Park your formulaic sex at the door

Like a lot of people, I took note a couple of weeks ago when Cosmo, Cosmopolitan Magazine, the fun girl’s bible, ran a story with pictures laying out 28 Mind-blowing Lesbian Sex Positions.

Flicker/creative commons

Flicker/creative commons

The modern Cosmo was the brainchild of its brilliant editor and author Helen Gurly Brown in 1965, who started dialogs on topics unheard of in print at the time, skillfully merging sexuality with a commercially available mainstream magazine. Long considered a sexual freedom advocate, she told women they could “have it all.”

With this article on lesbian sex, and few others on gay, bisexual, and transgender subjects during the last year or so, Cosmo can be commended for branching out and acknowledging lesbian, gay, bisexual, and transgender people, appearing to be more inclusive while trying to tap into that lucrative market they’ve ignored for decades. They are trying even while acknowledging that many or most feminists and lesbians have shunned Cosmo, put off by so much editorial about how the average woman, once objectified, can make herself sassy and attractive to their male partner/s.

While wondering if any lesbians were consulted in the making of that article I came across some criticism by real lesbians who posit that this entire concept seemed to have been the product of frat boys based on their porn fantasies (pretty much the style of most of the magazine’s stories). That may well be true but I think it was overreach — when making fun of the positions, these critics called them “stupid” saying they were either undoable or useless, dismissing them entirely.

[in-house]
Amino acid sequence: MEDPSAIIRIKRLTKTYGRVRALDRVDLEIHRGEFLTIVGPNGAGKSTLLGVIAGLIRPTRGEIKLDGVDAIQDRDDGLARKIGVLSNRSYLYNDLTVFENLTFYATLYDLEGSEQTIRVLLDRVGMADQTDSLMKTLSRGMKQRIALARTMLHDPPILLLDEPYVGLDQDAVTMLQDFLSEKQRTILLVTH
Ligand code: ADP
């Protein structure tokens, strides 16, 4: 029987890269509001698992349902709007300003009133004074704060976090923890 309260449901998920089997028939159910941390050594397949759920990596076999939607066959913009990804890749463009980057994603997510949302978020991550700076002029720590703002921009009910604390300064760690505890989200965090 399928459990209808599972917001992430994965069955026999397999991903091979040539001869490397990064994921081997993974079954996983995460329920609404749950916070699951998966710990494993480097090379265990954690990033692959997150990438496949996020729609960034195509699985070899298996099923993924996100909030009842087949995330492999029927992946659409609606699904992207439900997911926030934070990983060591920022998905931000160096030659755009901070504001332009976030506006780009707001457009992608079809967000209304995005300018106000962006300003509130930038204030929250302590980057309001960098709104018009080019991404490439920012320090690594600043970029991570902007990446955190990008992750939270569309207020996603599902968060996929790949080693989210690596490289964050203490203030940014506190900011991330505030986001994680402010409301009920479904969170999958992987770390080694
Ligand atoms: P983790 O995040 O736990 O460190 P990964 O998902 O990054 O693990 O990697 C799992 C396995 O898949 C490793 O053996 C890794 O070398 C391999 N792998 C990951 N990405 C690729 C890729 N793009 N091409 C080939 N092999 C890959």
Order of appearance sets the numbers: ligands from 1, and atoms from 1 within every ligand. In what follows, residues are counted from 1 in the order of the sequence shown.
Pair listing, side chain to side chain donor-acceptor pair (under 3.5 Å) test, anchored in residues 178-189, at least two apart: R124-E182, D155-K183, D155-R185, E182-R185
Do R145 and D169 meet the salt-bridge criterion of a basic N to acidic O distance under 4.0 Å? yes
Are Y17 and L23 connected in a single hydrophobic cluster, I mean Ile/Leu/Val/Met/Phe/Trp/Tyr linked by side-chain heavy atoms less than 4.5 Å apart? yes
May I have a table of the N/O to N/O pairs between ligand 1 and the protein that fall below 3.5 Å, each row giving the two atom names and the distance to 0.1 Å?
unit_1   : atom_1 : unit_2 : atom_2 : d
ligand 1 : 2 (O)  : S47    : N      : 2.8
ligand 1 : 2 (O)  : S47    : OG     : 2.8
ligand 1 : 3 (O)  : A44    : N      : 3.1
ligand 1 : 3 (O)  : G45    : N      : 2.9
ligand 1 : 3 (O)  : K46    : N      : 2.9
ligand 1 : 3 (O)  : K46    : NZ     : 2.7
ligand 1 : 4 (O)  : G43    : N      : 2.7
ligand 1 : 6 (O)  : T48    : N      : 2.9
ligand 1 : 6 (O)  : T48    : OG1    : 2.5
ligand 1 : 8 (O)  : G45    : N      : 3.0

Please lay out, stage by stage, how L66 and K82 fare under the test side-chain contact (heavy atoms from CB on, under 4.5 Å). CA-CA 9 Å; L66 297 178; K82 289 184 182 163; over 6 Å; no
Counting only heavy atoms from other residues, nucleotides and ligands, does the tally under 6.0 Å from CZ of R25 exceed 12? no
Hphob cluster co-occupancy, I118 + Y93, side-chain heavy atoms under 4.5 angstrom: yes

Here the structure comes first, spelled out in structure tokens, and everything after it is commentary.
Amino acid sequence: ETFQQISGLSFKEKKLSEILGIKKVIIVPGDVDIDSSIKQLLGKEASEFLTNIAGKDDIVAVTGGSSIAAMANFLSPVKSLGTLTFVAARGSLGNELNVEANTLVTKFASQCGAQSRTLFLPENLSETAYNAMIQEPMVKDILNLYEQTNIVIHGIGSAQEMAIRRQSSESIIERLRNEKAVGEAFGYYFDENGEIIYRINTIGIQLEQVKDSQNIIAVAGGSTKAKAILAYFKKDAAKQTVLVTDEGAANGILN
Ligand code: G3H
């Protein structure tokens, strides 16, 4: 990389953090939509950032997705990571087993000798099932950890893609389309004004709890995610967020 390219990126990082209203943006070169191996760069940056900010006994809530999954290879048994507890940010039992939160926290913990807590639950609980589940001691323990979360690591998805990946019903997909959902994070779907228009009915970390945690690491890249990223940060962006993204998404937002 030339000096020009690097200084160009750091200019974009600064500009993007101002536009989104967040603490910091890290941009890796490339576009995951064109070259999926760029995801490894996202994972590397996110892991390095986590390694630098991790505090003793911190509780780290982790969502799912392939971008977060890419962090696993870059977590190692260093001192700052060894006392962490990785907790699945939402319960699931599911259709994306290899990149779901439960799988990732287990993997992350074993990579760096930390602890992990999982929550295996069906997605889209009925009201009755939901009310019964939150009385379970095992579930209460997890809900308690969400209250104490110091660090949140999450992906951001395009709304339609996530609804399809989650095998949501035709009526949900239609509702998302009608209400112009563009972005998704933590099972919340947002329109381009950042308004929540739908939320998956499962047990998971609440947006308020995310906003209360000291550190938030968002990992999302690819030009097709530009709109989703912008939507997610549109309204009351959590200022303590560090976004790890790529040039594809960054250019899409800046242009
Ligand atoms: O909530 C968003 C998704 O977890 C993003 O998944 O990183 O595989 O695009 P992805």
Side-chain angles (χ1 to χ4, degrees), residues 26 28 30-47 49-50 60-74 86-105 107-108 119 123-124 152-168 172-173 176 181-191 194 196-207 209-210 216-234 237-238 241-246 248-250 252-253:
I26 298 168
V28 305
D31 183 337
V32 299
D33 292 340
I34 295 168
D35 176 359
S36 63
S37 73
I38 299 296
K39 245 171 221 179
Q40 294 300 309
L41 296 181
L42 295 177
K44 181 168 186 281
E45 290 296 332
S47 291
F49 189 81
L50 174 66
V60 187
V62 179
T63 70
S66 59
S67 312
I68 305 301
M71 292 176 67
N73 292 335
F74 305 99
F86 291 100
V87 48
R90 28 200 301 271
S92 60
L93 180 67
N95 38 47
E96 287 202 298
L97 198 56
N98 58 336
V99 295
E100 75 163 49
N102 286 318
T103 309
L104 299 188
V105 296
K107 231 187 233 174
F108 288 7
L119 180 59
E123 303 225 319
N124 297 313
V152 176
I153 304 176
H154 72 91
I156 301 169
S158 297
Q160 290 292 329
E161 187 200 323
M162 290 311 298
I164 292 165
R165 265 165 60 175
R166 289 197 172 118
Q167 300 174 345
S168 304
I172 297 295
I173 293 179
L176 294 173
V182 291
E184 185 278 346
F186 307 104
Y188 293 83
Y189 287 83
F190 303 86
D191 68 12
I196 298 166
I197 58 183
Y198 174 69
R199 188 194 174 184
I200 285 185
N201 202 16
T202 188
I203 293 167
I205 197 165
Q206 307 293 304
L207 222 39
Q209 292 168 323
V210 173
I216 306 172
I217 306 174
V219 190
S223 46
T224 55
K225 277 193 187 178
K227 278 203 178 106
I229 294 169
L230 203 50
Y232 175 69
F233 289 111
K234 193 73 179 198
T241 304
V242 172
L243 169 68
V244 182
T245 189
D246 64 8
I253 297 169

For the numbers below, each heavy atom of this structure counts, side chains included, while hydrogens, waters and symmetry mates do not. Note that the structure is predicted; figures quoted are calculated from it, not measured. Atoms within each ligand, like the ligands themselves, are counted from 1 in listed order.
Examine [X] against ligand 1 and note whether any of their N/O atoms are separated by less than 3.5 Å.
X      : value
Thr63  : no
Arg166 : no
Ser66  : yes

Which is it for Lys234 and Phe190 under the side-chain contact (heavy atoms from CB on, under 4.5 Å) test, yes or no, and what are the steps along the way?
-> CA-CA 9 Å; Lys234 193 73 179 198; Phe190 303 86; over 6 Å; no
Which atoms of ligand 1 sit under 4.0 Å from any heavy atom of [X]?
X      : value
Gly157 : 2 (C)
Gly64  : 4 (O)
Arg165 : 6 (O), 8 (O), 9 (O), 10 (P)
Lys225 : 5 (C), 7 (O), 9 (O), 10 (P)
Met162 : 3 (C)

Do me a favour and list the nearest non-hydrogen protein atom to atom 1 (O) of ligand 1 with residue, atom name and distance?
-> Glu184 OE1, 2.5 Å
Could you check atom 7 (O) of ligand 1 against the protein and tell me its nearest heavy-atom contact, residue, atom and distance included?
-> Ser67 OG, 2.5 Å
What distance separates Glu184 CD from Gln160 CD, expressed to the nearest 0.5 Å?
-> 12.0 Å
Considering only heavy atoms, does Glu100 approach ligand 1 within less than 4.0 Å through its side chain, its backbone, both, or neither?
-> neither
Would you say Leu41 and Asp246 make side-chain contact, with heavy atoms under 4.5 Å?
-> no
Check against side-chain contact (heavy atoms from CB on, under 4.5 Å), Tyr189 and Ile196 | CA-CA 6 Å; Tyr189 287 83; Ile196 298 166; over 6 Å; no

It was impossible to hold up one’s own body weight, let alone the body weight of the other person in half of them. We had to balance on our tip toes and contort our bodies in the most insane ways. And, most importantly, there was nothing arousing about any of it.

What I think is being missed here by all parties is that touching bodies in unusual or unexpected ways can be rewarding, bringing you to heights you might at first have overlooked. It seems that, once liberated from the constraints of men, feminists and lesbians have gradually become more like men in how they approach satisfying their own desires.

We have sex. We fuck. We use our fingers and our bodies and our mouths and our toys and we get ourselves and each other off. Just like straight people do. There’s stimulation and penetration and vibration. There’s licking and sucking and smacking and grabbing. 

Instead of exploring erotic encounters that expose oneself to unexpected delights found all over the body, not rushing so much and staying curious to couple all parts of the body in surprising ways, men, and now it seems many straight women and lesbians, tend to recreate a slalom with specific goals to be met at every turn, usually in a certain order to get to their orgasm in as straight a line as possible.

But that is so, so boring.

Even the critics include a paragraph with two contradicting statements, aptly portraying the push and pull between anxiety about reaching the goal of orgasm and the desire for sex to be more than just that.

But there is not, I repeat, there is not anyone rubbing foreheads on each others’ belly buttons or rubbing bottoms against anyone’s sternum, not in the name of having an orgasm any way. By making sex all about an orgasm we miss the erotic excitation of our minds as well as our bodies.

Sex is an erotic encounter that stimulates physical, psychological, and, some agree, spiritual growth. If you focus less on scoring the goal you will play a more artful and nuanced game that is rewarded of surprises and new stimulation.

Slow down, set aside your usual formula for a week and see what happens.

 

Alison Gardner

Alison Gardner

Alison Gardner is co-founder of VenusPlusX, and writes frequently on global sexual freedom, American fundamentalists exporting hate and homophobia, and grassroots activism.
Alison Gardner